The = means the reaction can go either way. If it goes from left to right, calcium carbonate minerals - calcite or aragonite - form. If it goes to the left, calcium carbonate minerals dissolve.) The chemical reaction to form the minerals is most likely in warm water, particularly in warm agitated waters. Breaking waves help get rid of the CO2 produced by the reaction, which makes the reaction proceed even faster. Also, some corals contain photosynthetic organisms within their tissues, and those organisms consume CO2, which also helps with the mineralization process. Thus, carbonate minerals form in warm, shallow seawater. The accumulation of carbonates creates “carbonate platforms” around many tropical islands (e.g. Caribbean islands, Bahamas, Hawaii, etc.) and along tropical shorelines (Florida, Great Barrier Reef of Australia, etc.).

    One major source of carbonate sediments is from calcifying algae. These organisms are very abundant. They produce the minerals as sand or mud grains (depending on the species) within their tissues. When the algae die, the carbonate grains are released into the environment to be transported by waves and currents. At this point, the grains behave more or less the same as siliciclastic grains, with coarser sediment requiring high flow speeds to be transported, and mud-sized grains requiring very low flow speeds to settle from suspension. In shallow environments, muds accumulate in deeper areas of lagoons or get transported off shore into deeper waters. The grains get concentrated into shoals where water speeds slow down, for example, where water is channeled through a reef into a lagoon. These grains can also grow through carbonate mineral precipitation forming coated grains, or ooids. Thus, they get coarser with time.

    A second distinctive feature of carbonates is the growth of reefs. Corals and other skeletal organisms grow well in high energy zones with breaking waves. Their skeletons make them resistant to erosion, and the breaking waves enhance carbonate mineral formation. Also, the precipitation of more carbonate as cements makes the structures hard and very resistant to erosion even though they are in high energy zones with breaking waves. These reef ecosystems can grow very quickly, creating a topographic high located off shore. This high induces more breaking waves, changing the energy distribution across the carbonate platform. The distribution of grain sizes around a reef depend on the flow speeds, similar to the dependence for siliciclastic grains, but the reef itself is cemented in place and provides a unique environment. Grains that are broken off tend to be transported to the inside or outside of the reef where water depths increase and flow speeds slow.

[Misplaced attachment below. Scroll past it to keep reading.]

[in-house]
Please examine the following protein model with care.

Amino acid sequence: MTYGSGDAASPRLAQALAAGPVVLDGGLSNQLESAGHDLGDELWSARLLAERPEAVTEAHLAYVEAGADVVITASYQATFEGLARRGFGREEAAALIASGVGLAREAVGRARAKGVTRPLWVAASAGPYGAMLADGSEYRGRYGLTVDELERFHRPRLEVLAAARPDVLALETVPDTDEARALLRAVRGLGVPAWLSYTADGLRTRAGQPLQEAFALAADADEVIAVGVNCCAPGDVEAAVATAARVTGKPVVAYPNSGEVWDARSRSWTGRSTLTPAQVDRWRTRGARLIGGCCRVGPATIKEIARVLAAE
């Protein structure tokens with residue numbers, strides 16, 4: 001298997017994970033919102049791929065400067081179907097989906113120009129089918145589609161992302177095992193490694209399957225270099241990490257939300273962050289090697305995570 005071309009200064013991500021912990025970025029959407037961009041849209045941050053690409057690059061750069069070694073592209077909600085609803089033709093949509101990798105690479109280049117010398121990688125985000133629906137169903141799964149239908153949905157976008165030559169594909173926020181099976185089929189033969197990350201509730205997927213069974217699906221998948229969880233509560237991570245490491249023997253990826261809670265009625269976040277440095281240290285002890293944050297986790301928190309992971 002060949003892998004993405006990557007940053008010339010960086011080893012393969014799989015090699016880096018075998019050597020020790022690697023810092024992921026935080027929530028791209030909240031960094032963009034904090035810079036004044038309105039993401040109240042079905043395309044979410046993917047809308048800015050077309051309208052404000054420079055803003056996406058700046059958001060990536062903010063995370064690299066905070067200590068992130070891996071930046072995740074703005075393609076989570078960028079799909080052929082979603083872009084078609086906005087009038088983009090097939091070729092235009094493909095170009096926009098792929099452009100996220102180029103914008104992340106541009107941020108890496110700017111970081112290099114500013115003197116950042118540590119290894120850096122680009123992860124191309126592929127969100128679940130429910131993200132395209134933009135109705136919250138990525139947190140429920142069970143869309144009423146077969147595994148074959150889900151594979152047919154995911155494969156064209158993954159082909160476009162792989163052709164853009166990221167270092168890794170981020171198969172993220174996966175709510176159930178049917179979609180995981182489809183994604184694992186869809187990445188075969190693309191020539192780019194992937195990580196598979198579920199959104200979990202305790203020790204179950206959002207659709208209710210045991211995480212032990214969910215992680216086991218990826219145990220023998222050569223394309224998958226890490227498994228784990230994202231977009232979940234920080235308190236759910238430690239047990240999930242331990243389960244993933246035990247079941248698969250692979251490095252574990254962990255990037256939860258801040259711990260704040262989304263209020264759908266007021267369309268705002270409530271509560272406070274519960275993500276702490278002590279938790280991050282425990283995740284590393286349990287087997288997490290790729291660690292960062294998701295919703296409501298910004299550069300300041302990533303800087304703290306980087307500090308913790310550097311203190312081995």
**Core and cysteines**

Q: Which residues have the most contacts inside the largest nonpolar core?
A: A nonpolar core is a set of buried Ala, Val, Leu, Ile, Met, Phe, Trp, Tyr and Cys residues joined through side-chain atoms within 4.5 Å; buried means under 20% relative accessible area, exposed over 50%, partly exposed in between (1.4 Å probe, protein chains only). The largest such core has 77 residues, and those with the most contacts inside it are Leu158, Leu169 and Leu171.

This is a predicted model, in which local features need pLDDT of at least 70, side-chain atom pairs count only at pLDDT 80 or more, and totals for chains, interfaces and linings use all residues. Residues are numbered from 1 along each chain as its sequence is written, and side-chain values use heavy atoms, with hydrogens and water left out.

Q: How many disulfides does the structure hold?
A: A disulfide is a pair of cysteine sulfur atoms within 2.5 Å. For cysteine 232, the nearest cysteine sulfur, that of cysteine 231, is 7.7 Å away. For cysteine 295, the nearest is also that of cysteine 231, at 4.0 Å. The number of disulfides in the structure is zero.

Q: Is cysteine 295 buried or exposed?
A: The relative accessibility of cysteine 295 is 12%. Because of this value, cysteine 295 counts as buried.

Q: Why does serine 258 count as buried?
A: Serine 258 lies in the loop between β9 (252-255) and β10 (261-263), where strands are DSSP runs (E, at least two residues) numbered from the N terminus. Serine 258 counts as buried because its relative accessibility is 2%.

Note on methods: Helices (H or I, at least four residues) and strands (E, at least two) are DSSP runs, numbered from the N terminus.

As reefs grow upward, they create very steep slopes, sometimes almost vertical slopes. These slopes can be unstable long-term, and they can fail, creating breccia in deep water and inducing turbidites as in siliciclastic sediments.

    See figure 15.12 in Nichols, Edition 2 for the distribution of environments across a reef.